It's the time of year when the thoughts of bay area residents turn to batteries and bottled water.
Hurricane season begins in three weeks, and with it comes incessant urging for residents to prepare.
While individual preparedness receives the bulk of the attention, businesses also need to have a disaster plan, emergency management experts say.
Local business owners and managers will have two opportunities to learn more about preparing for hurricanes and other disasters this month. 2-2-1 Tampa Bay will host a disaster recovery conference on May 15 in Largo, and Pinellas County will hold its disaster preparedness workshop on May 22 in St. Petersburg.
Tom Iovino, a Pinellas County spokesman and hurricane preparedness specialist, said planning should happen now.
"The worst time to plan for a hurricane is when it's right off the coast," he said. "Then you're in panic mode and you have very limited options."
Iovino said area businesses will play a vital role in recovery after a major disaster and that they need to prepare for the worst.
"Publix and Wal-Mart can get things to Pinellas County a lot faster than the government can. Getting businesses back up on their feet and running is really critical so they can start supplying citizens' needs," he said.
Iovino emphasized that businesses need to not only plan to protect their facilities, but also make sure they address the needs of their employees.
"Any business plan should start with employees knowing their own personal plan," he said, adding that employees worried about their home and family won't focus on work.
Both conferences will feature speakers addressing issues such as disaster preparedness and planning, records management, economic development, and disaster relief.
The 2-1-1 Tampa Bay conference will also address issues specifically related to getting businesses up and running after a disaster.
The Pinellas County workshop is open to Pinellas County businesses of all sizes while the 2-1-1 Tampa Bay conference will focus primarily on small businesses and is open to owners and managers from all around the Tampa Bay area.
Geri Costello, the community relations manager for 2-1-1 Tampa Bay, said their conference has generated a lot of interest, and business leaders from as far away as Hernando County will attend.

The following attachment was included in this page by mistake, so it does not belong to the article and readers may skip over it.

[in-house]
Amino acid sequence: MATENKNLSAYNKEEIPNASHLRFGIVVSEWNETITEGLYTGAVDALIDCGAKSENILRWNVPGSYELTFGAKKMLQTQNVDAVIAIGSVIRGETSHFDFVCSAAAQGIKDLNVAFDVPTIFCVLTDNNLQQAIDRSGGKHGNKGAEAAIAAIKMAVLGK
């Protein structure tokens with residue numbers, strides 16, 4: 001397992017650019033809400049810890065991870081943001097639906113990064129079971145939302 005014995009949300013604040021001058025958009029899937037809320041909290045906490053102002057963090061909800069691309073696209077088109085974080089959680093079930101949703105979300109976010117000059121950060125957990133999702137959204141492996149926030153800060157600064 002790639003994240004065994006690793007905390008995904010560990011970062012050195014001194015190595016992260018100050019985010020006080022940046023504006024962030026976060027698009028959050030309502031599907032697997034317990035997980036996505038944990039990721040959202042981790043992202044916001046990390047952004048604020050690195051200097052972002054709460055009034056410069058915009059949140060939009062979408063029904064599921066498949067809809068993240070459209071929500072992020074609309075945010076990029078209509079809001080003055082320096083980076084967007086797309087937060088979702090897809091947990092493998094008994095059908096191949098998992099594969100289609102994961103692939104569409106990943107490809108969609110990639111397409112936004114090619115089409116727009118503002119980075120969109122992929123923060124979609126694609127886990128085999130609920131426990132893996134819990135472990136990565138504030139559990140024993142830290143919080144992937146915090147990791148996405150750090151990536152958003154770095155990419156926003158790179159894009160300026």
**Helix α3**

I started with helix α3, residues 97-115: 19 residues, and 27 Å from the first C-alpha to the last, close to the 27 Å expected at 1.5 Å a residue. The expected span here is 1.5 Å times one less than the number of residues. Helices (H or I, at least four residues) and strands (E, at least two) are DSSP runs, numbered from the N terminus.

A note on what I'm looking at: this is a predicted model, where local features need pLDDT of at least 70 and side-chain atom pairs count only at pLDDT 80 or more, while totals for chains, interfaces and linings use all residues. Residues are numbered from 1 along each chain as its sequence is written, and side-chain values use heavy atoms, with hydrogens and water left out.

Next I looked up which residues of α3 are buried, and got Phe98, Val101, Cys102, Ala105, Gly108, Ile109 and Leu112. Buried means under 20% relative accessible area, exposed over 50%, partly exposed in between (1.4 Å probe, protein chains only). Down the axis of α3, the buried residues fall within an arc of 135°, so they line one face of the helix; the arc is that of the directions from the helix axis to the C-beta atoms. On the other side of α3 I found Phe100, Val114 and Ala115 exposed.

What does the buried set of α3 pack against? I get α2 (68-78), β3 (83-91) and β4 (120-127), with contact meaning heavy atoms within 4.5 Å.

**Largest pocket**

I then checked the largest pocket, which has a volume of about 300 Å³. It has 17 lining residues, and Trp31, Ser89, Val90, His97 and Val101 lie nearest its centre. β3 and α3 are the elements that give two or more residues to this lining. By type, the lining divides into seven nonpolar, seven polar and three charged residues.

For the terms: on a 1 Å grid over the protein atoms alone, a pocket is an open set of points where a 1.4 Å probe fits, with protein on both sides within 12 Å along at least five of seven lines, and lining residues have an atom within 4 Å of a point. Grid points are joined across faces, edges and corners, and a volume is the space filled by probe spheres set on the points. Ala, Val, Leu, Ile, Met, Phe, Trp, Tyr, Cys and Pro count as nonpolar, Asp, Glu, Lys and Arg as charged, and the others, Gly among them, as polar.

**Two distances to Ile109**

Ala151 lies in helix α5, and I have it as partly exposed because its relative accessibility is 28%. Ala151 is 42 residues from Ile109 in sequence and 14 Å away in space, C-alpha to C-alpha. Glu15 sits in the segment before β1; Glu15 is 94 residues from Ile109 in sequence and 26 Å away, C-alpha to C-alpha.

"We have oodles and oodles of people coming to this," she said.
The Federal Communications Commission designated 2-1-1 as the national number to access health and human services information in 2000. The program came to the Tampa Bay area in 2001.
In addition to serving as a resource connecting area residents to needed services on a day-to-day basis, 2-1-1 will also serve as a clearinghouse for information in the event of a disaster. Residents will be able to call the number to find out where to go for food, water and shelter, or find out where volunteers are needed.
2-1-1 Tampa Bay utilizes a Web based system that allows them to operate remotely from any location, and Costello said that makes their network extremely flexible and reliable in the event of a disaster.
Grant Petersen, the board chairman of Tampa Bay 211, said he hopes the conference will help small businesses evaluate their plans and also develop partnerships with other businesses to assist each other in the event of a disaster and ensure their products and services survive.
"Networking in disaster recovery is critical, especially since it is estimated that 25 percent of businesses never recover after a disaster."
For information and tips on hurricane preparedness, visit the Pinellas County Economic Development site at pced.org/hurricane.